He’s lost three of his Pro Bowl blockers since that 2005 Super Bowl year: Steve Hutchinson is in Minnesota, Robbie Tobeck and Mack Strong retired. He keeps dodging blitzing defenses that have known Seattle was going to pass first for two months, or since Holmgren said so after weeks of trying in vain to run the ball.

Hasselbeck’s carried the team using a hodgepodge of receivers — blocking specialist Will Heller at tight end here, backup quarterback Seneca Wallace at wide receiver there — during the many times starters Marcus Pollard and Deion Branch have been hurt.

Most important, Hasselbeck has finally grasped every nuance of Holmgren, his fiery taskmaster who hand-picked him away from being Favre’s dead-end backup to become Seattle’s starter in 2001. He has learned to find the many coaching points obscured during games by Holmgren’s intensity.

One of those lessons came in Week 2. The Seahawks were moving to a winning field goal late at Arizona when Hasselbeck tried to trick the Cardinals by motioning with his hands for an audible that he intended to be fake. Running back Shaun Alexander and half the offense took it as real. Hasselbeck and Alexander botched a simple handoff. Arizona recovered the fumble and kicked its own winning field goal a few plays later.

Holmgren took responsibility for not explicitly reminding Hasselbeck to keep it simple in that situation. Hasselbeck took responsibility for not knowing what his coach really wanted but didn’t say: No playing around with a key division game on the line, in a loud stadium on the road.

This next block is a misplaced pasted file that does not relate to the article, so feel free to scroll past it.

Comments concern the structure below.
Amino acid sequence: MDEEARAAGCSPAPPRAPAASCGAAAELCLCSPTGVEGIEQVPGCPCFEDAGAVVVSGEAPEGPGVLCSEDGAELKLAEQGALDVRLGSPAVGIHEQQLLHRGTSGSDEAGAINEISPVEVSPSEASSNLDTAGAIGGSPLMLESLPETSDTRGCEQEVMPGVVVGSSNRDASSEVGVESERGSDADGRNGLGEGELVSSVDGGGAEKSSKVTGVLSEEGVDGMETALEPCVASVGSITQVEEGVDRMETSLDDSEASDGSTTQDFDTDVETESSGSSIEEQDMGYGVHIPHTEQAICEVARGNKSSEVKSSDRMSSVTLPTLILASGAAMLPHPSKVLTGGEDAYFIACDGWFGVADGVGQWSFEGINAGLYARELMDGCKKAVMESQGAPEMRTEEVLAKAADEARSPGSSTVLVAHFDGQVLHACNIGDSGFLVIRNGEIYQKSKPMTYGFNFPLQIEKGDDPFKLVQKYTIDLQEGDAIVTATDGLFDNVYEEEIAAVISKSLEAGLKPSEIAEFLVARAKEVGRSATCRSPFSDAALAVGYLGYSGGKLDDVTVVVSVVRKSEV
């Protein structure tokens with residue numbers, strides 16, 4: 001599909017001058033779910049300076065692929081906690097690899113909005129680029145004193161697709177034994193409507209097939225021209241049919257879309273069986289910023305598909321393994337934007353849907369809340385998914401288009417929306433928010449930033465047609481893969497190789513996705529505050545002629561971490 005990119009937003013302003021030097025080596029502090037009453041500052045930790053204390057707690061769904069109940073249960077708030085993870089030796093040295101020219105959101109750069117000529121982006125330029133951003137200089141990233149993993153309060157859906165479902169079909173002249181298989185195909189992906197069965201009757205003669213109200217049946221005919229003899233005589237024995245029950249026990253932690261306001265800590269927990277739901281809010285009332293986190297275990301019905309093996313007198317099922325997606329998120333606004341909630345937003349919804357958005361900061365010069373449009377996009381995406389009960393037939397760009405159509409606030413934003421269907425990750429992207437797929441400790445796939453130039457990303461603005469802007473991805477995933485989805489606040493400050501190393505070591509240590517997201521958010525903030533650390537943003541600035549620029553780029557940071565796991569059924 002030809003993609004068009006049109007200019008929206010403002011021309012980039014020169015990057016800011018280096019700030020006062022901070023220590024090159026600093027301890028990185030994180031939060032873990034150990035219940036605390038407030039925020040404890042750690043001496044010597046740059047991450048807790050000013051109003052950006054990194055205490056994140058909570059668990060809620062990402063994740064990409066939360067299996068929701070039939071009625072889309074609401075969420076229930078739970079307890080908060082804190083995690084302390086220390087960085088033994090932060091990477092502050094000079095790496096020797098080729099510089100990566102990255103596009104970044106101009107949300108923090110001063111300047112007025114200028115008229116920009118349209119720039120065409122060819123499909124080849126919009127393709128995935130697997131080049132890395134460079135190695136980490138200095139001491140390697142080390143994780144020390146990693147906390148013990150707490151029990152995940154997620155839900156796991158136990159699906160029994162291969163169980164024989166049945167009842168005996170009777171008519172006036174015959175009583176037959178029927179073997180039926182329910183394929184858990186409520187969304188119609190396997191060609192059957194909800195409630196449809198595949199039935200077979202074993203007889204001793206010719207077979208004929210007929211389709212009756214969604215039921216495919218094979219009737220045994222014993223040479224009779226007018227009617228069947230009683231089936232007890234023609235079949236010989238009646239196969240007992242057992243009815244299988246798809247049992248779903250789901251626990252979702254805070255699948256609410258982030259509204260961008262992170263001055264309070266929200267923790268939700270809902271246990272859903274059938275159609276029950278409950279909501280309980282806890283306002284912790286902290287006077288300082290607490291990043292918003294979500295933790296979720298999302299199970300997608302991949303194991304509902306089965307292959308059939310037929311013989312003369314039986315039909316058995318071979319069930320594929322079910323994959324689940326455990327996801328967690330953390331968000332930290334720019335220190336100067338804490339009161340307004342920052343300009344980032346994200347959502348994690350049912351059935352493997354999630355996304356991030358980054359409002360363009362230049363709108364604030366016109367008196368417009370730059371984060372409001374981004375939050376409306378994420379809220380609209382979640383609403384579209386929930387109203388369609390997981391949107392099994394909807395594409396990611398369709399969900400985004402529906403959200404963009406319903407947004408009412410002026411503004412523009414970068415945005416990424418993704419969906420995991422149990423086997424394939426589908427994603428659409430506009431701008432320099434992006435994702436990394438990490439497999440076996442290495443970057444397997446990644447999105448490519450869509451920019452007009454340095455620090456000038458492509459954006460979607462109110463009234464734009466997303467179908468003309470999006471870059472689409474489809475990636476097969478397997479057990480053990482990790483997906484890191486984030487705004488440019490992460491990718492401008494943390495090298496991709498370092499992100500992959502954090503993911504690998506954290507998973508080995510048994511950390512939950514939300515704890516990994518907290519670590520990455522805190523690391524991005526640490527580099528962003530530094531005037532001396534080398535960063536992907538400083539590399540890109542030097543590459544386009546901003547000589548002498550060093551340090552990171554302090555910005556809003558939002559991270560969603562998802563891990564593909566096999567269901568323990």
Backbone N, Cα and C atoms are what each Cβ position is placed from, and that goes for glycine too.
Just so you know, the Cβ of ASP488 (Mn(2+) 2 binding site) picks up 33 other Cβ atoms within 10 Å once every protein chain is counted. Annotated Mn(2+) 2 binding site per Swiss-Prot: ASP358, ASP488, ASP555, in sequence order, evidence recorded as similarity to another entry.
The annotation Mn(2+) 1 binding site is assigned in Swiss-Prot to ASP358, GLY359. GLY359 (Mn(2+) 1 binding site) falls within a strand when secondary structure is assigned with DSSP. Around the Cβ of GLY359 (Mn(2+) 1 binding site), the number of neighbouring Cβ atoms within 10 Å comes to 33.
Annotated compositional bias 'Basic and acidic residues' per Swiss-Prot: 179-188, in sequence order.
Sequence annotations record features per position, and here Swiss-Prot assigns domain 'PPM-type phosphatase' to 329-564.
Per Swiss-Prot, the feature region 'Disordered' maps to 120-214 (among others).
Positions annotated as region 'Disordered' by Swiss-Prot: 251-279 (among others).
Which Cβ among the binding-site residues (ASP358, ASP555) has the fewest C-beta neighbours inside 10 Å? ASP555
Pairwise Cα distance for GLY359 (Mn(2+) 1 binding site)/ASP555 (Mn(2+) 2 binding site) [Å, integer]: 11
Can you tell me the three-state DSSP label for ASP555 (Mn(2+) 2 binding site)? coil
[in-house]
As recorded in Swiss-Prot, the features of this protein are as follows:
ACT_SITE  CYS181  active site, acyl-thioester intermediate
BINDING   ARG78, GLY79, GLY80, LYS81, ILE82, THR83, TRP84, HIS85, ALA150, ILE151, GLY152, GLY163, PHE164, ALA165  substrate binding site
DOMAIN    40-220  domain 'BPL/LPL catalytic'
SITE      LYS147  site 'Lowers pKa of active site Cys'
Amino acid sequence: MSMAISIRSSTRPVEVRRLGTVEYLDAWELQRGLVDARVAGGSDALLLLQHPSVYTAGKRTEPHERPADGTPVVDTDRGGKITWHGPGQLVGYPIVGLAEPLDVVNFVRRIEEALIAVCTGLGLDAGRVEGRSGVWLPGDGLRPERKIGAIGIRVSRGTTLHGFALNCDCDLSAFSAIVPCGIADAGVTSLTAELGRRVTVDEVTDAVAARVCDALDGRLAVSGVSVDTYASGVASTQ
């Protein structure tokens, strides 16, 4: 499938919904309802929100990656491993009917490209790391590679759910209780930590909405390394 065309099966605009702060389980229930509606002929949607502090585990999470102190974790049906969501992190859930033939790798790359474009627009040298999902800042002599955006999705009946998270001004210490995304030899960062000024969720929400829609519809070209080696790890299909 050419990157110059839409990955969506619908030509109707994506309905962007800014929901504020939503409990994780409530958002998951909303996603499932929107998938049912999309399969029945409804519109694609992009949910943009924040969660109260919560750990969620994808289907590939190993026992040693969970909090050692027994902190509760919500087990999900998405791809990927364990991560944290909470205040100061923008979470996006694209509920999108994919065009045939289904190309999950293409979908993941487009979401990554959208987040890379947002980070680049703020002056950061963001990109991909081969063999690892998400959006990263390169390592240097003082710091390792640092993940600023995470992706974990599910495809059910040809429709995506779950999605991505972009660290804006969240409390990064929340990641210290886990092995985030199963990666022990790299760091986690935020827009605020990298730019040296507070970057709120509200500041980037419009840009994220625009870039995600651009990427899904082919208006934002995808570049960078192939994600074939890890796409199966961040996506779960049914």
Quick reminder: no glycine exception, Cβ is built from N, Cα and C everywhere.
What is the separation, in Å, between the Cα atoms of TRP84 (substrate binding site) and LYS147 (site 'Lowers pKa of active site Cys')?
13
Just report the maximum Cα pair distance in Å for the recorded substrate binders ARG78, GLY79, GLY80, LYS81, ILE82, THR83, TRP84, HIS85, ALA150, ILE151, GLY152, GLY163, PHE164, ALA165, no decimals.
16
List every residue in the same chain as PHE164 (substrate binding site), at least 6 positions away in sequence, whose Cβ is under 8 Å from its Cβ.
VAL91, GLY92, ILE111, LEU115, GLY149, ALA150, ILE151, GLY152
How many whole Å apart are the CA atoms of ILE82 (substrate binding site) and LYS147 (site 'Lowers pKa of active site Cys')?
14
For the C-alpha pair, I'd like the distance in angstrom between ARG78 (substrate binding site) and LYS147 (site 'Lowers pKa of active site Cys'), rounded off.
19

He knows now.

“[Matt] really understands the game now,” Holmgren said. “It’s just a matter of if I can put him in the right spots and help him a little bit. He knows what he’s doing. It’s all working.”

Holmgren’s only critique of the man who has passed Jim Zorn, his quarterbacks coach, this season and will soon pass Dave Krieg to claim all of Seattle’s major passing records: “Every once in a while he gets fired up about something.”

During last weekend’s rout of Baltimore, Hasselbeck threw two more touchdowns, but also had two interceptions. He took responsibility for being “greedy” on one of the picks, a relapse into the carelessness from earlier in his career.

The other interception was a short pass that soared over Branch’s head. After the play, Hasselbeck angrily gestured at the former Super Bowl MVP for stopping his route.

“And that might never change, because his fiery play is kind of what makes him good, too,” Holmgren said.

“His decision-making this year is very, very good. You take two plays out of the last ball game and he’s almost doing exactly what I want him to do. Almost.”

Branch specifically won’t compare Hasselbeck to Brady. He cuts off the comparison with a curt, “two different quarterbacks, two different systems.”

Holmgren won’t compare Hasselbeck to his famously risk-taking mentor Favre, or any of those other, far more famous quarterbacks.

“Oh, compared to the other guys? That’s hard,” Holmgren said. “Can we just talk about him?”

Now, finally, will everyone?